January 16, 2011

King Week offers many diverse ways to celebrate legacy

Emory's annual King Week has grown to more than 35 service projects and events this year, offering ample opportunities for faculty, staff and students to get involved and honor Martin Luther King Jr.'s legacy of civil and human rights.

From Jan. 17-25, the campus will be abuzz with panel discussions, readings, concerts, art exhibits, memorial services and service opportunities.

Emory's Day On, a massive, campus-wide volunteer effort partnering with more than 20 community organizations, kicked off the week on Jan. 17.

On the national holiday, Volunteer Emory and the Nu Delta Chapter of Kappa Alpha Psi Fraternity sponsored a tree-planting effort in the Martin Luther King Jr. Historic District in the Old Fourth Ward.

King Week Committee Chair Cynthia Shaw notes that King is often quoted as saying, "Even if I knew that tomorrow the world would go to pieces, I would still plant my apple tree."

Other Day On projects included mulching and invasive plant removal at Kirkwood Urban Forest Park, landscaping at Oakland Cemetery, and packing medical supplies for developing countries at MedShare International.

"Anything that gives back is keeping with the spirit of King and the University," says Shaw.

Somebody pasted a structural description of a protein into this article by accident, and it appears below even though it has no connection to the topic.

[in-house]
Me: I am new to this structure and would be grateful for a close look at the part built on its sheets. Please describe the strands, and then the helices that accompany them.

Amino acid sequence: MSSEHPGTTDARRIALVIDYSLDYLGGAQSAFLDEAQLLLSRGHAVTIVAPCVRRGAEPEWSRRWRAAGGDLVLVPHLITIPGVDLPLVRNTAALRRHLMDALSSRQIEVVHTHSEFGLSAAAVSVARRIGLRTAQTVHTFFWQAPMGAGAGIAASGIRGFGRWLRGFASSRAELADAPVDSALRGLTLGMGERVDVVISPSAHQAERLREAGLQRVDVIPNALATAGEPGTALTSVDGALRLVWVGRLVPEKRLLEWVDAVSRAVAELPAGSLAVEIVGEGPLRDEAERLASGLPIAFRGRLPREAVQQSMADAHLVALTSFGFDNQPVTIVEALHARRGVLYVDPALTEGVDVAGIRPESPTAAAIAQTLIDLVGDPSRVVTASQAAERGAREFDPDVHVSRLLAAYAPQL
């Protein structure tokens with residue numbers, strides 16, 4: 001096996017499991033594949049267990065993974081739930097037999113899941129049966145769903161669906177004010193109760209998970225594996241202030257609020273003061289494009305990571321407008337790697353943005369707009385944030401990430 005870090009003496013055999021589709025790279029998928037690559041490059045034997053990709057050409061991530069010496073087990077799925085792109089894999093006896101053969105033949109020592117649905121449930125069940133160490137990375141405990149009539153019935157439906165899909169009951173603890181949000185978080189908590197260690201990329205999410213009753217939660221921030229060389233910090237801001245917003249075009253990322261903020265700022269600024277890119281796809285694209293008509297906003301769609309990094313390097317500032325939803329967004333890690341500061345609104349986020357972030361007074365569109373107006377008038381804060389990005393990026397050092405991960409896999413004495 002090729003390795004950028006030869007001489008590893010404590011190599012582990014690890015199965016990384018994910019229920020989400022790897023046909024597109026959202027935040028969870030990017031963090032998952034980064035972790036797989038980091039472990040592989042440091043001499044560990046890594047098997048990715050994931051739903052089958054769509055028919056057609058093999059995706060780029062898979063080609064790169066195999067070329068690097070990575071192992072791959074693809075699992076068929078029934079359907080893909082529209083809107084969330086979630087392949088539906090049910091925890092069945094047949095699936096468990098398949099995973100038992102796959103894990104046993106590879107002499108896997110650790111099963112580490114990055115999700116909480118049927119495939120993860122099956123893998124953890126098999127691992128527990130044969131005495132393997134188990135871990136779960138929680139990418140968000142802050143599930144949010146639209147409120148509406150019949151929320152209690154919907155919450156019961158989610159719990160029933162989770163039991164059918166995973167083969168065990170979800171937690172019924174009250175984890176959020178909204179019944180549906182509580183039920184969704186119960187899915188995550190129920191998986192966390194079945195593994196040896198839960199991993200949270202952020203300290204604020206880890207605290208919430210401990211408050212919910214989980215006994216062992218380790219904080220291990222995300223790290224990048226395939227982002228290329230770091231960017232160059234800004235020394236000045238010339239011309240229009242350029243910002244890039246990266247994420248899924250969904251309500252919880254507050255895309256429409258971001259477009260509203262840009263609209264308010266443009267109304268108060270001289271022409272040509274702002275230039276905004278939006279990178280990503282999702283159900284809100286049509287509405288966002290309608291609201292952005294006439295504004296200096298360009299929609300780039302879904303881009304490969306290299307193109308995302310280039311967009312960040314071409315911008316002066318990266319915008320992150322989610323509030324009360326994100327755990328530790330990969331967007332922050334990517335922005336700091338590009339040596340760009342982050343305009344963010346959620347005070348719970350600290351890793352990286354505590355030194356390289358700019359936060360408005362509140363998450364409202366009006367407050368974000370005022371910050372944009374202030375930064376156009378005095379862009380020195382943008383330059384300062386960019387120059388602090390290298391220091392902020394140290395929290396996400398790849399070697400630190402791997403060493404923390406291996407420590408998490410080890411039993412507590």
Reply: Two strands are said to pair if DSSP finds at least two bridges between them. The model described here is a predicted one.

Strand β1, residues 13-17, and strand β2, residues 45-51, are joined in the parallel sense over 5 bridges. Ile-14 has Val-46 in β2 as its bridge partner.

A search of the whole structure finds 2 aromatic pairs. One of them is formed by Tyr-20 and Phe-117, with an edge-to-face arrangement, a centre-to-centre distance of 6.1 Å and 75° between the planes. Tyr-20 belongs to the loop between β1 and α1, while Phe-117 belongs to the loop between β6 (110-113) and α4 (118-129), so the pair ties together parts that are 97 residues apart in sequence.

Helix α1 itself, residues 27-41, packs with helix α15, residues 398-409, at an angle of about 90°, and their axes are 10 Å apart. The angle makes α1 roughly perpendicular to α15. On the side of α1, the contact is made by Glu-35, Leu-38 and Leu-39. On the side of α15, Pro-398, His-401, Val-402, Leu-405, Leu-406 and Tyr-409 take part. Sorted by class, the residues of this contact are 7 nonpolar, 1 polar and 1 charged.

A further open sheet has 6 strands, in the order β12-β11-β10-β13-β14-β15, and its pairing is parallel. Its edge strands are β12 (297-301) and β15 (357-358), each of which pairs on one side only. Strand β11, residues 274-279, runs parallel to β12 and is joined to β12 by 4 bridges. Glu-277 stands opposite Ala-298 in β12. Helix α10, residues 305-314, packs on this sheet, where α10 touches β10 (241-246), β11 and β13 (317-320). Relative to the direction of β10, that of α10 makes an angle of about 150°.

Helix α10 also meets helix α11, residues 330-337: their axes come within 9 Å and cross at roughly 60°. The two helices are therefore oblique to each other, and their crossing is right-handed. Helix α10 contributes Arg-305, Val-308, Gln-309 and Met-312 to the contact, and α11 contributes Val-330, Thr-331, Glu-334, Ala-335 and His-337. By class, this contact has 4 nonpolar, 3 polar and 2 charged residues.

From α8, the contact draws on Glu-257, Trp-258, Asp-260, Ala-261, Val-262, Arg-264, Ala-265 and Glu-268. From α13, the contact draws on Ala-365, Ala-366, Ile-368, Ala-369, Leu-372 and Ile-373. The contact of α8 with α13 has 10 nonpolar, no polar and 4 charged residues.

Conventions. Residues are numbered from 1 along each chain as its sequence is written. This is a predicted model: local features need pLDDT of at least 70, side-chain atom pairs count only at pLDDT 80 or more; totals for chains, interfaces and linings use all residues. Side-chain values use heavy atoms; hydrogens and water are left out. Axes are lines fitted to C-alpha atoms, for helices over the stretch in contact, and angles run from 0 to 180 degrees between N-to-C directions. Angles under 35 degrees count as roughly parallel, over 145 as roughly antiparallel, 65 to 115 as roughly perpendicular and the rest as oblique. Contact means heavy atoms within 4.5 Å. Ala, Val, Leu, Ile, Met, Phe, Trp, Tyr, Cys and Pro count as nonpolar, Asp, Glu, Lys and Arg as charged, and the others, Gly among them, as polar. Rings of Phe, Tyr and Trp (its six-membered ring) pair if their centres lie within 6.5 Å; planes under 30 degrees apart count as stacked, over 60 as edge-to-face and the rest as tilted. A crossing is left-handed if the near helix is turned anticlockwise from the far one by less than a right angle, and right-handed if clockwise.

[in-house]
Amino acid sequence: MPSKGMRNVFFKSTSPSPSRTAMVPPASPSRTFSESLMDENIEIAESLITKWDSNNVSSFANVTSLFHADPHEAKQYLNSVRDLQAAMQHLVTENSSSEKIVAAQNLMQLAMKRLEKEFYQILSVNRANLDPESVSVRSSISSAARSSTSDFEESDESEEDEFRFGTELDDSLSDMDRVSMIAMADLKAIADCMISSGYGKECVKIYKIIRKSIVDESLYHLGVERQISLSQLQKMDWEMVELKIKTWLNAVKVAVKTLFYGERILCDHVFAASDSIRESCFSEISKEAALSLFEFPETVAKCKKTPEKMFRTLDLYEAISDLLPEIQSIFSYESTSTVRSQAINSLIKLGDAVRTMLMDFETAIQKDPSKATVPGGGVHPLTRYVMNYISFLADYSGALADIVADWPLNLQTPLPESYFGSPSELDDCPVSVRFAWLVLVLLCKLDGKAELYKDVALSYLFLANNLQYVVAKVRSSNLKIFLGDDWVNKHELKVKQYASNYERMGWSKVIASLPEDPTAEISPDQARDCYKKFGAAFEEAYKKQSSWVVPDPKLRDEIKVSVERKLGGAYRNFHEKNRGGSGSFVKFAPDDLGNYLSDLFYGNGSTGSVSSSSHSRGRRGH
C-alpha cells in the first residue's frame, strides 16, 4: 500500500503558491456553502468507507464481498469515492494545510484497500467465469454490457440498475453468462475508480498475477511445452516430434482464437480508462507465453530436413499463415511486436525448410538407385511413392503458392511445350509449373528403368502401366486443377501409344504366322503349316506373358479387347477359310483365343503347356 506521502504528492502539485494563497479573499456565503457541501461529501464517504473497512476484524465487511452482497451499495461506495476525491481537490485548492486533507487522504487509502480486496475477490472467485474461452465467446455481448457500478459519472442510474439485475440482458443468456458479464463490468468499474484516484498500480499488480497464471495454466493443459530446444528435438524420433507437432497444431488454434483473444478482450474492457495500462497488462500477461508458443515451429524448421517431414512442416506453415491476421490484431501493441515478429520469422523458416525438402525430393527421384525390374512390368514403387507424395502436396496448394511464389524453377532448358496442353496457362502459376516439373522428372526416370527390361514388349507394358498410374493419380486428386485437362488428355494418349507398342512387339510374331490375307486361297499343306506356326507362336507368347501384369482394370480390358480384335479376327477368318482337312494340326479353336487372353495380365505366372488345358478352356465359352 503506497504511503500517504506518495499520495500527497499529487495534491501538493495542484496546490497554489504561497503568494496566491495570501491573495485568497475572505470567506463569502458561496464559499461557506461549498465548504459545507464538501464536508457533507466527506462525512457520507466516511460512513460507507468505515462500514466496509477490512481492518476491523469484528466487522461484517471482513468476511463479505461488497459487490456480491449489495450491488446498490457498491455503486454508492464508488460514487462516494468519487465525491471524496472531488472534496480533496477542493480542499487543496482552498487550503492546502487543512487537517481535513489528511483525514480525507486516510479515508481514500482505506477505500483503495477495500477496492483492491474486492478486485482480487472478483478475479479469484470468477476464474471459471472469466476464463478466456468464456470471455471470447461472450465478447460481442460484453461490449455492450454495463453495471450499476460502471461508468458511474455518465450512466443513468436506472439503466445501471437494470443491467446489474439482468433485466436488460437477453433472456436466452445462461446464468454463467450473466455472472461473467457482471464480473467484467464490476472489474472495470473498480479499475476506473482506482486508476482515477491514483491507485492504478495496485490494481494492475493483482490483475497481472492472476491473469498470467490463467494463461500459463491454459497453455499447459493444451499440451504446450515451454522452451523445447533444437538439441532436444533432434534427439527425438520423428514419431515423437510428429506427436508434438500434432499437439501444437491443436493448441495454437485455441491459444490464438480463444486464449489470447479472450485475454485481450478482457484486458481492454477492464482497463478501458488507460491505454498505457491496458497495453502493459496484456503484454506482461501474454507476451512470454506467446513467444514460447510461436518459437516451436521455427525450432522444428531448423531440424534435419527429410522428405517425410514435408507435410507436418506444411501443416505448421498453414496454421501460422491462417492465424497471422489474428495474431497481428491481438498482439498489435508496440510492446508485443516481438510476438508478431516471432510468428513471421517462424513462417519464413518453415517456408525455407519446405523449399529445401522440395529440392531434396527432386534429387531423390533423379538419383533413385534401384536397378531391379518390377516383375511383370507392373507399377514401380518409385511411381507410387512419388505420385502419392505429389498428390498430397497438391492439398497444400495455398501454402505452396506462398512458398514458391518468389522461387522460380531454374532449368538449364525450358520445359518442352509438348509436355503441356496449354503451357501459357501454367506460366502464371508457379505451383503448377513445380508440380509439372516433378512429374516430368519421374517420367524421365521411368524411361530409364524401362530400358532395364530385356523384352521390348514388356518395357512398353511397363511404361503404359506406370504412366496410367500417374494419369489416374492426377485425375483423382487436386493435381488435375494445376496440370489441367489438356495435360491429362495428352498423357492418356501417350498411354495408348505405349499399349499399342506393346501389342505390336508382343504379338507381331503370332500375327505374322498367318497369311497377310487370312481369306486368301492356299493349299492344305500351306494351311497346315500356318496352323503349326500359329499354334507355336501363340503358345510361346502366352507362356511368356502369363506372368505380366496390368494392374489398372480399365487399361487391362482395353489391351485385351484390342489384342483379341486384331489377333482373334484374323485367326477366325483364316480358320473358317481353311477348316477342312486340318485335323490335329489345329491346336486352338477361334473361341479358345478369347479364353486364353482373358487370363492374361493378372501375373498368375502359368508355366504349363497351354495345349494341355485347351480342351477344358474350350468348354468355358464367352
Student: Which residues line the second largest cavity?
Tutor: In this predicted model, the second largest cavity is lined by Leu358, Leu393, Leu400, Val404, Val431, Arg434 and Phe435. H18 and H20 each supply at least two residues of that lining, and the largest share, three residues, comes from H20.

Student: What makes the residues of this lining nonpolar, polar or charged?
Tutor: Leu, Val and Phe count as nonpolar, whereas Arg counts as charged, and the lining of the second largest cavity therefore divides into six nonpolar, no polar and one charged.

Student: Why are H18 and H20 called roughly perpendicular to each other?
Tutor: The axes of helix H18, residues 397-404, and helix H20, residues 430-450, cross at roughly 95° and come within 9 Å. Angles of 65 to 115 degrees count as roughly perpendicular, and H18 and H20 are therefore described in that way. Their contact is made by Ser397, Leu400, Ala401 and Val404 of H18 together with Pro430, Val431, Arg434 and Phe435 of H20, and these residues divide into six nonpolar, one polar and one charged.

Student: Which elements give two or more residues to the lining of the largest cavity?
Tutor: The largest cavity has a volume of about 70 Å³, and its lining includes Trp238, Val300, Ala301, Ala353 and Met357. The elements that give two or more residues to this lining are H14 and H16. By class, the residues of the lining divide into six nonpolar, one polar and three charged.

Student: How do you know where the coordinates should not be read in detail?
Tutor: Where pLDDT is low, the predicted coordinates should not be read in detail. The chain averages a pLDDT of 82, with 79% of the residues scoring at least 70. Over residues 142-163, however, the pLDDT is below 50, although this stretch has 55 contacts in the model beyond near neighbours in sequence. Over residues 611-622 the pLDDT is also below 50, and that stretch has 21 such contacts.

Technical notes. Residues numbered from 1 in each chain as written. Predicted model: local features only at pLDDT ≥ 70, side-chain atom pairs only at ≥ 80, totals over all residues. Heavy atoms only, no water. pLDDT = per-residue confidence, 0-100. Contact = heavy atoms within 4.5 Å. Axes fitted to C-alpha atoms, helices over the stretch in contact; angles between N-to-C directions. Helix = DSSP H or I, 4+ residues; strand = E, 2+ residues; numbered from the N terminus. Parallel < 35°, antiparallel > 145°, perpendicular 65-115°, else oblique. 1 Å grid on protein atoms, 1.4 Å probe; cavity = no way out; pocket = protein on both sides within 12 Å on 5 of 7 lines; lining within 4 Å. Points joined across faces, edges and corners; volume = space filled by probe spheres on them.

Andrew Young, who previously served as Atlanta mayor and United Nations Ambassador, will highlight King's spirit of activism and social justice in the King Week keynote address on Jan. 18.

The College Council's annual "State of Race" discussion will be part of King Week this year. The Jan. 25 event will feature CNN anchor and journalist Soledad O'Brien.

"Each year we bring a speaker who can illuminate and discuss issues of race and diversity on Emory's campus, college campuses and the nation," says College Council president Shifali Baliga.

The 16th annual "Women Talking With Women" forum reflecting on race, ethnicity and culture with women of different backgrounds is set for Jan. 19, followed by a dialogue for men titled "Journey of Self: Catalyst to Discovering Our Purpose."
In "Words That Changed The World" Jan. 19, students, staff and faculty will gather to read from speeches and letters of prominent civil rights leaders from around the world, from King to Mahatma Gandhi to Cesar Chavez.

Popular events returning for King Week 2011 include a jazz vespers service, a choral concert recognizing Emory scholars, community service awards, a drum circle, library exhibit and worship services.

King Week will conclude with an ecumenical celebration in Old Church at Oxford College on Jan. 25. Gospel choirs from Emory as well as Newton County's Martin Luther King Jr. Interdenominational Choir will sing, and Rev. Bridgette Young, a former Emory staff member now with the Board of Higher Education and Ministry of the United Methodist Church, will be the guest speaker.

For the full schedule of events, see the King Week calendar.

— From Staff Reports

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